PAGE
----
Same-sex marriages will continue to be allowed in Wisconsin – at least for now – after a federal judge denied an emergency request from the state to keep its ban on such unions in place.
U.S. District Judge Barbara Crabb refused on Monday to stay her ruling from last week striking down the Badger State’s voter-approved amendment limiting marriage rights to heterosexual couples. That ruling made Wisconsin the 20th state, in addition to the District of Columbia, where gay and lesbian couples can legally wed.
Crabb’s decision was unusual in that she did not immediately stay the effects of her ruling – as many judges have – which would have kept the ban in place for the duration of the appeals process. At the same time, she did not order the state to stop enforcing the ban, leaving many clerks confused about whether it was still in place or not.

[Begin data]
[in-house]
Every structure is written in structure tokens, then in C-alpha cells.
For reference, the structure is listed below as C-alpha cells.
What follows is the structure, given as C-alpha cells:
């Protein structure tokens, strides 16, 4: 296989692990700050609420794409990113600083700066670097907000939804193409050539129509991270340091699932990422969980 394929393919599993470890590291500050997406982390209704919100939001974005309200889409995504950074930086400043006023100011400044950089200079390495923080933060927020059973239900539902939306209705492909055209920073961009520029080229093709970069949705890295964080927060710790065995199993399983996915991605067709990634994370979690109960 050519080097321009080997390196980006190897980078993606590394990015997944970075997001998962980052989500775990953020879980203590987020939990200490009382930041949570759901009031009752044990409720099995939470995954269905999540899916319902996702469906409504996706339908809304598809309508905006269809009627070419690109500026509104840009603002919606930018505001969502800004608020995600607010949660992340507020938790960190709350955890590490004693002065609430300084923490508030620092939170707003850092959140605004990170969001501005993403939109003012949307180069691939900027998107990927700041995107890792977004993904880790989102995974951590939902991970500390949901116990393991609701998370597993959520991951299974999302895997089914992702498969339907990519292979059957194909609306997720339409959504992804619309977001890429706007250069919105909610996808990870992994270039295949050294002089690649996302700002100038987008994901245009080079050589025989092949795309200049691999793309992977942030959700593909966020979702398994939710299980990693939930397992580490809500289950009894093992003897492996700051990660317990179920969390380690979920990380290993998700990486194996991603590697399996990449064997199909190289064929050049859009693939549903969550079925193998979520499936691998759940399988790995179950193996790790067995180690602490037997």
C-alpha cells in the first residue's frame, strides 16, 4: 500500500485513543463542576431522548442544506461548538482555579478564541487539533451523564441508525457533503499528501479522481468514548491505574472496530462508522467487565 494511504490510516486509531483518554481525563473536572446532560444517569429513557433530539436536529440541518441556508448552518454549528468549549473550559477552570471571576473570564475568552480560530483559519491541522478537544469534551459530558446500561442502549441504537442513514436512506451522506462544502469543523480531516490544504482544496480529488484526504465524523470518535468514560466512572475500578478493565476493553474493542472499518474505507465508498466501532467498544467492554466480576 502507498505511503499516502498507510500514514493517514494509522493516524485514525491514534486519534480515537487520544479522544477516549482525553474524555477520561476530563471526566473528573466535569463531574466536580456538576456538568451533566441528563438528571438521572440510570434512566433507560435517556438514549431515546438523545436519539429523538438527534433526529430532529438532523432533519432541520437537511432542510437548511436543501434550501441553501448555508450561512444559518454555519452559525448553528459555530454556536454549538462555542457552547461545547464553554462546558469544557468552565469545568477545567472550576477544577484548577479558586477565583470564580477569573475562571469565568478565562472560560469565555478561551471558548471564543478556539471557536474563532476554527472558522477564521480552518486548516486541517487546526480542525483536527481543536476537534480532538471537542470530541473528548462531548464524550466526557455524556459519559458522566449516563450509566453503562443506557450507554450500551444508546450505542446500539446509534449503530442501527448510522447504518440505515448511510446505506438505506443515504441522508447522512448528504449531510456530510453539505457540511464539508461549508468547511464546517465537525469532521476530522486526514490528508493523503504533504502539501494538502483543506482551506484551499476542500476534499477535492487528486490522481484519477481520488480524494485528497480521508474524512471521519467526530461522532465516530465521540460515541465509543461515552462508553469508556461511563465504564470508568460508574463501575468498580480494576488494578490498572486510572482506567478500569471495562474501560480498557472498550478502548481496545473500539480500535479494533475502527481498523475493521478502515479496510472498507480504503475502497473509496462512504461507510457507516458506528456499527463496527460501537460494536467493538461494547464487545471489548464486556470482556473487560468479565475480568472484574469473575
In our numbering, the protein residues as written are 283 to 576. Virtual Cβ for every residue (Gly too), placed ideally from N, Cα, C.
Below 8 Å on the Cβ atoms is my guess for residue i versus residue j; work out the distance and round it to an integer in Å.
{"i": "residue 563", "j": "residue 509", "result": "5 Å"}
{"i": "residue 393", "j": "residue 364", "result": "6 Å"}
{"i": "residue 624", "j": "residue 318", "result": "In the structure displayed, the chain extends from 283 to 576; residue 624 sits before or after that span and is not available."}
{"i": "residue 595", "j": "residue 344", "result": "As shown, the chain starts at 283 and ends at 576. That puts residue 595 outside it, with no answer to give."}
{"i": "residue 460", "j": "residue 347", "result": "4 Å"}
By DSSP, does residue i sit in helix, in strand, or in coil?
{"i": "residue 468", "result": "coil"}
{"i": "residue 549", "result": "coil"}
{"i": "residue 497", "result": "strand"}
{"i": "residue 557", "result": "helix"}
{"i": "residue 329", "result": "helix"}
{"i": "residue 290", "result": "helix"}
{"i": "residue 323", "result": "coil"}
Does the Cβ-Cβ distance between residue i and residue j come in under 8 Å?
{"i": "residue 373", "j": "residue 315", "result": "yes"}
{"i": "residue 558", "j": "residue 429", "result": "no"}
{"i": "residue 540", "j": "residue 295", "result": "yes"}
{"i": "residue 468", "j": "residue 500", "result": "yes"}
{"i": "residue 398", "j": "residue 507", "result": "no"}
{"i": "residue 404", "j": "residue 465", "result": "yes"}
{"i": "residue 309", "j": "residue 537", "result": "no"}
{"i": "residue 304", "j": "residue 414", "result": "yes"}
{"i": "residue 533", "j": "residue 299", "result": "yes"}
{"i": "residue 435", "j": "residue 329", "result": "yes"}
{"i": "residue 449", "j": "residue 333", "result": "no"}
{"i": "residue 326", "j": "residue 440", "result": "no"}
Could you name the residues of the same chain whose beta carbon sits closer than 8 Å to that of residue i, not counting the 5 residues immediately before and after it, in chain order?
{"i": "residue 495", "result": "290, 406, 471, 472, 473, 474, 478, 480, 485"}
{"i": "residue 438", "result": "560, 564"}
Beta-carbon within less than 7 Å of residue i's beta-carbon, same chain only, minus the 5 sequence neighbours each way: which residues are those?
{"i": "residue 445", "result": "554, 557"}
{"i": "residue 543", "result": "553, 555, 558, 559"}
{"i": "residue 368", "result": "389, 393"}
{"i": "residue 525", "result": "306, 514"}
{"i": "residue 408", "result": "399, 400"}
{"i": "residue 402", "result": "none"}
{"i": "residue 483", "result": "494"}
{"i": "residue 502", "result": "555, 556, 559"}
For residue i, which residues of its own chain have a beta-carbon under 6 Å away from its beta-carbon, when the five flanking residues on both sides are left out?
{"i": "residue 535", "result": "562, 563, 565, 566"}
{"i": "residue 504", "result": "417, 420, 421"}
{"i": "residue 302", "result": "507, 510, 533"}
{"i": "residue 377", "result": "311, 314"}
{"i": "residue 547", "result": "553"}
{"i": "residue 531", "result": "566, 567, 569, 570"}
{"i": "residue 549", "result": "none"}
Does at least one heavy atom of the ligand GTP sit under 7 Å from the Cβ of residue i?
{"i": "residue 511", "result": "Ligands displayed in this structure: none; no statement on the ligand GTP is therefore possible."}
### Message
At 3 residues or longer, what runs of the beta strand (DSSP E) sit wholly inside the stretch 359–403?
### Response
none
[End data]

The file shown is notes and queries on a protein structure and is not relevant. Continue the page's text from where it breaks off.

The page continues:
To clarify the situation, Wisconsin Attorney General J.B. Van Hollen, a Republican, asked for another hearing Monday, after which Crabb said she would leaved the “status quo” in place until deciding what specific orders to issue public officials. She set her next hearing for June 19, according to the Journal Sentinel.
Hundreds of same-sex couples married over the weekend in Milwaukee and Madison, the Associated Press reported, after county clerks decided to issue licenses to them based on Judge Crabb’s ruling. Van Hollen also asked the Seventh Circuit Court of Appeals for a stay, saying in a corresponding statement: “There is absolutely no reason to allow Wisconsin’s county clerks to decide for themselves, on a county-by-county basis, who may and may not lawfully get married in this state.”